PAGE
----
Golden Gate University Delivers Key Insights From Leading Experts In Cybersecurity, Law And Technology With Its Recent “Innovation In Practice” Series

SAN FRANCISCO, Aug. 28, 2019 /PRNewswire/ — Digital citizens—both businesses and individuals—face escalating risks of hacking, social engineering, data breaches, fraud, legal liabilities and other threats, experts said at Golden Gate University’s (GGU) recent “Innovation in Practice” series. Presented by GGU’s Ageno School of Business, the recurring signature speaker program featured nationally recognized experts in cybersecurity; data privacy; e-discovery; fraud; intellectual property and technology law; B Corporations, and other issues facing enterprise, public entities and individuals.

Highlights from the two-day program included the following:

  • Kelly Albrink, senior security analyst at Bishop Fox, commented, “Cybersecurity is hard, and we’re losing the war. We need more good people to join us in this work.” She recommends protecting against hackers by using a password manager; learning to identify phishing emails; keeping machines updated; utilizing multi-factor authentication, and using encrypted communication.
  • Adam Kuhn, OpenText director of product marketing and senior research fellow at the McCarthy Institute at GGU, noted, “E-discovery isn’t just a legal problem; we’re all digital citizens. You have a choice right now about how you create and manage data on your devices, but you don’t have that choice once you’re in the e-discovery phase of a lawsuit.”
  • Paul Lanois, director at Fieldfisher, discussed emerging technologies such as virtual reality and augmented reality, as well as related challenges such as data security and privacy. He sees enormous opportunity for all industries to utilize new technologies to experiment on the manufacturing side, enhance the customer experience and create more immersive, connected or shared experiences, especially when combined with other technologies such as upcoming 5G networks.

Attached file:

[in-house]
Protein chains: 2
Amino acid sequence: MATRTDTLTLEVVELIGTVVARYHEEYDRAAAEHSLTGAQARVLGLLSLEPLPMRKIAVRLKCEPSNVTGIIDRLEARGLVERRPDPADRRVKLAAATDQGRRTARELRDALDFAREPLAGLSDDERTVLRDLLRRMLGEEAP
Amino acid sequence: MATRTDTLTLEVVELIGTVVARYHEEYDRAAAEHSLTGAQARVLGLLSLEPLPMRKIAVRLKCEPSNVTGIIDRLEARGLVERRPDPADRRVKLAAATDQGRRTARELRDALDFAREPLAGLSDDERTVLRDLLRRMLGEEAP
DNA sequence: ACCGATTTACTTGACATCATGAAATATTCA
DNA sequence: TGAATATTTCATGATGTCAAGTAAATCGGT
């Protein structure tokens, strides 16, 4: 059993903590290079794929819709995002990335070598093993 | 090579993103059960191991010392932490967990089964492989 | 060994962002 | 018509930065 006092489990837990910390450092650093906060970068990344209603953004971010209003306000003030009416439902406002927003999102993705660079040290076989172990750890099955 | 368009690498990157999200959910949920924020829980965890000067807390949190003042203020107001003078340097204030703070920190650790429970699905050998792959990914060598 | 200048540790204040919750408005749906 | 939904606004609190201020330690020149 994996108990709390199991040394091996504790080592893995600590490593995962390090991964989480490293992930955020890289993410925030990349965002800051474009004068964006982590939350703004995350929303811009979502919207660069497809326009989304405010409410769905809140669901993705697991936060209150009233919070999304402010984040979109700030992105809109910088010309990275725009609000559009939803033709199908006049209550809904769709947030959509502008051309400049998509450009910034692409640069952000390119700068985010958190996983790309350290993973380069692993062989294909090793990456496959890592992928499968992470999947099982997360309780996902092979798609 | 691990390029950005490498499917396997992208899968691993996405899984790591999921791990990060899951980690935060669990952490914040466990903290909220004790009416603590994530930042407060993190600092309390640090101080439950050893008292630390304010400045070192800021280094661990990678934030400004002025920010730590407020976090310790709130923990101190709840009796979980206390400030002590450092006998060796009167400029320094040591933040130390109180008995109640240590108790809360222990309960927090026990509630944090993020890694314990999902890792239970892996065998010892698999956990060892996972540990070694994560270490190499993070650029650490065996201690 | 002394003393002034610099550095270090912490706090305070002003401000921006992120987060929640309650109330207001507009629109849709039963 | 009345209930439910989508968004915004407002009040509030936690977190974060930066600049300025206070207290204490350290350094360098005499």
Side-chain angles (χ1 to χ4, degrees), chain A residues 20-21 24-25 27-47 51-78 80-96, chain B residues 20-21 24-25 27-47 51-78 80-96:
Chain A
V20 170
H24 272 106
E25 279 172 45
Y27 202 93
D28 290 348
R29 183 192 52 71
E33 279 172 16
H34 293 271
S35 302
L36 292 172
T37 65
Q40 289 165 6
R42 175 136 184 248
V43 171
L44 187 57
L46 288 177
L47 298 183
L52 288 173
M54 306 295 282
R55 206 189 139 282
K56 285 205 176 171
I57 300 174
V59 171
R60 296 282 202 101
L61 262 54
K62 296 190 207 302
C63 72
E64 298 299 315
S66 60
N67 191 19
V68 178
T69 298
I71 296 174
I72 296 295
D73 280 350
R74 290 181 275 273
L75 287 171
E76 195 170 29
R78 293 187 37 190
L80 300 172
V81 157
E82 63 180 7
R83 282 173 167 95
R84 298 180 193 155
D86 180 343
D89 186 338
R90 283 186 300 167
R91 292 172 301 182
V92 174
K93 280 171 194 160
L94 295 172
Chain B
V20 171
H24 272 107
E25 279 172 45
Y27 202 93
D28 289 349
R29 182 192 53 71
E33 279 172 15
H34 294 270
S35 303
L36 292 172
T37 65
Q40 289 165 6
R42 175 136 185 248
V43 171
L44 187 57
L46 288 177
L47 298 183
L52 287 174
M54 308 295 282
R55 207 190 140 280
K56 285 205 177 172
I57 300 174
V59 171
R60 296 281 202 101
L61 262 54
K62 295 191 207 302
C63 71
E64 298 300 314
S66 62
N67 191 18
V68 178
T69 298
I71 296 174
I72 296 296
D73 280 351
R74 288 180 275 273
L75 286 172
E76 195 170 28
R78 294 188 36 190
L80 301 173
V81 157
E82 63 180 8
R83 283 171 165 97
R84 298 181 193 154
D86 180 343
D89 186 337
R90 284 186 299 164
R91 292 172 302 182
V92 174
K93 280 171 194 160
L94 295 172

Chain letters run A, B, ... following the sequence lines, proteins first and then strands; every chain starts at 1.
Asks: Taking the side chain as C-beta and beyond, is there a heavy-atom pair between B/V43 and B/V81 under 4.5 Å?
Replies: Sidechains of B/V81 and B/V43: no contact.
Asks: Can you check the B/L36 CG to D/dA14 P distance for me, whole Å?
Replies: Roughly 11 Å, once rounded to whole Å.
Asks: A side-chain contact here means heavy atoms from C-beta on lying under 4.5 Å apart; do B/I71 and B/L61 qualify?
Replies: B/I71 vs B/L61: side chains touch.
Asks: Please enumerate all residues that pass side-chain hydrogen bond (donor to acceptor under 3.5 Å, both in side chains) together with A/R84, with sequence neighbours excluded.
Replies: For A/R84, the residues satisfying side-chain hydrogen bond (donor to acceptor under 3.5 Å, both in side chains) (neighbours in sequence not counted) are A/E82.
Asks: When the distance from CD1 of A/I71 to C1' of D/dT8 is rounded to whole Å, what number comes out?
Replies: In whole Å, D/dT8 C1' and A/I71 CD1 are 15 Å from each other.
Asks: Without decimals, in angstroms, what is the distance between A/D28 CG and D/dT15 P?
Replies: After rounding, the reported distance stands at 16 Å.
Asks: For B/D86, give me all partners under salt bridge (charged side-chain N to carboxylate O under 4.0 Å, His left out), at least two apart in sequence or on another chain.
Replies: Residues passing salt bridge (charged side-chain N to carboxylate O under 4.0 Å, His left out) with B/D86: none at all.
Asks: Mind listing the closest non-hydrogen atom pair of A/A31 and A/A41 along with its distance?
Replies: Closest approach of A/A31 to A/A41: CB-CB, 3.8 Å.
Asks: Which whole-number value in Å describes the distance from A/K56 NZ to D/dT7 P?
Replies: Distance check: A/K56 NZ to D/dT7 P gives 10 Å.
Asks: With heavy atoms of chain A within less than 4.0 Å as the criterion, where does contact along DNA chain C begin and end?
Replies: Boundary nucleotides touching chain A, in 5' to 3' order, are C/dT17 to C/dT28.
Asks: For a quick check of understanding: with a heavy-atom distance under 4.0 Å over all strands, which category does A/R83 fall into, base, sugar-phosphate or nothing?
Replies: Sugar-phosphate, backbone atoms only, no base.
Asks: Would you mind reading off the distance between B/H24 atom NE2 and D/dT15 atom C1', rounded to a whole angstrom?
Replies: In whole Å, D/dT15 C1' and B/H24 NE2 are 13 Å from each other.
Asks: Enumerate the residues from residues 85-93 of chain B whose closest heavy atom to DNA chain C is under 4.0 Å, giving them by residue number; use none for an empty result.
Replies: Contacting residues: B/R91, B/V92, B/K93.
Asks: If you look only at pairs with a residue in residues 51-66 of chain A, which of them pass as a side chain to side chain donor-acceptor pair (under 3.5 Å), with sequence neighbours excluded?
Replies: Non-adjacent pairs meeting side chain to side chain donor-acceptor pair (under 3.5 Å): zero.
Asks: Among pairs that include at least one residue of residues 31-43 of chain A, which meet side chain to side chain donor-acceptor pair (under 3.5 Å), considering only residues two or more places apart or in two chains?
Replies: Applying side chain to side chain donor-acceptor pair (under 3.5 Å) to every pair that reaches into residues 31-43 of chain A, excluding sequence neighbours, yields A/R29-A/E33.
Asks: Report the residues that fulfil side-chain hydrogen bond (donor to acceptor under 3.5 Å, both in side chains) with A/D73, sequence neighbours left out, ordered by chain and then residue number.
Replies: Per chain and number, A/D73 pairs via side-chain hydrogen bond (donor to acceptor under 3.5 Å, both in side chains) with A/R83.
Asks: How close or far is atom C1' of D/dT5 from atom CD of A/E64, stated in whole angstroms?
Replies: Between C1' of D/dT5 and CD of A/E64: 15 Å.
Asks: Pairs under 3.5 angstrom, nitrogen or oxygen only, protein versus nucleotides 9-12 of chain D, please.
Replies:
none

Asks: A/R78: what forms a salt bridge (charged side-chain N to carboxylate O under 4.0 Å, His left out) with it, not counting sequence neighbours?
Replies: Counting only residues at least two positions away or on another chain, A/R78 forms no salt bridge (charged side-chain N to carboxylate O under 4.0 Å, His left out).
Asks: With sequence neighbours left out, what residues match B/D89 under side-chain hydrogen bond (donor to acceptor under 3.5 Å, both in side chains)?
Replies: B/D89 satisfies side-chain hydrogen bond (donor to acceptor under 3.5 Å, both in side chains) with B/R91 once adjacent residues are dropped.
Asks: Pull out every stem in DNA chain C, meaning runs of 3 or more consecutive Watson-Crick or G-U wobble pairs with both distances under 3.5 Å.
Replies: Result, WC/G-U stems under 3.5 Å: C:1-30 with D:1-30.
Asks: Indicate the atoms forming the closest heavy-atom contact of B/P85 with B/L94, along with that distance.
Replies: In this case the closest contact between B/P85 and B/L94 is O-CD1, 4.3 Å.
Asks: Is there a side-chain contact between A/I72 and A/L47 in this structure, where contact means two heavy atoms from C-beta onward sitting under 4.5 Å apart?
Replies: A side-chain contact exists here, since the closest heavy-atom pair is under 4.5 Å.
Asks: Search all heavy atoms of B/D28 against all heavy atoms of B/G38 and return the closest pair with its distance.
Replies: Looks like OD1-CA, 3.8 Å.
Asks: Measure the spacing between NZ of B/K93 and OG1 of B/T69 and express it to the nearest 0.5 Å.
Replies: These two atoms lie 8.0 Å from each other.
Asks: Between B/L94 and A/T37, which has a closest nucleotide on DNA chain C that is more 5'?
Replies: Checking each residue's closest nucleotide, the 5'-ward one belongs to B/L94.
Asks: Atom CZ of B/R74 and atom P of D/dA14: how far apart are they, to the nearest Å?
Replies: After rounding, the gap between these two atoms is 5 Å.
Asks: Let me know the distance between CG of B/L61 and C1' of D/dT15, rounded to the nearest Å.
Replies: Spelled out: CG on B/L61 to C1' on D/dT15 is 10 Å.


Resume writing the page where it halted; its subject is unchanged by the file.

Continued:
• Rao Mikkilineni, practitioner and distinguished adjunct professor at GGU, asserted, “Because the cyberworld is inherently insecure, we will need to start looking at regulation of the internet and the rule of law just as we’ve done in the physical world.”
  • Anthony Assi, practitioner and adjunct professor at GGU, pointed out, “Every company has been breached, it’s just a matter of whether they know it or not.” He recommends, “Keep educating yourself about how to protect your data, and keep an offline backup, not just in the cloud.”
  • David Franklyn, professor and director of the McCarthy Institute for IP and Technology Law at GGU, examined the fascinating brand-related questions that spring up at the crossroads of business, law and human culture. “Now more than ever, marketing and legal teams need to work together,” he urges.
  • Steve Morang and Sanya Morang, fraud and seduction experts respectively, and both adjunct professors at GGU, shared their “Seduction of Fraud” diamond, which factors in temptation, opportunity, entitlement and boldness in analyzing how fraudsters work.

The summer series also included an author event with Ryan Honeyman, co-author of “The B Corp Handbook: How to Use Business as a Force for Good,” as well as sessions on co-occurring disorders with mental health expert Steve Diamond, and cultivating emotional balance with Maria-Cristina Samaco Zamaro, clinical psychologist and GGU adjunct professor.

“In keeping with our commitment to serve as a center for thought leadership, we’re pleased to bring together varied experts through our recurring Innovation in Practice series, which benefits the GGU and the business communities,” comments Gordon Swartz, DBA, dean of GGU’s Ageno School of Business.

Visit for information about future programs, offered three times a year with different themes, online and in person on campus in downtown San Francisco.

For more information, contact: Michael Bazeley


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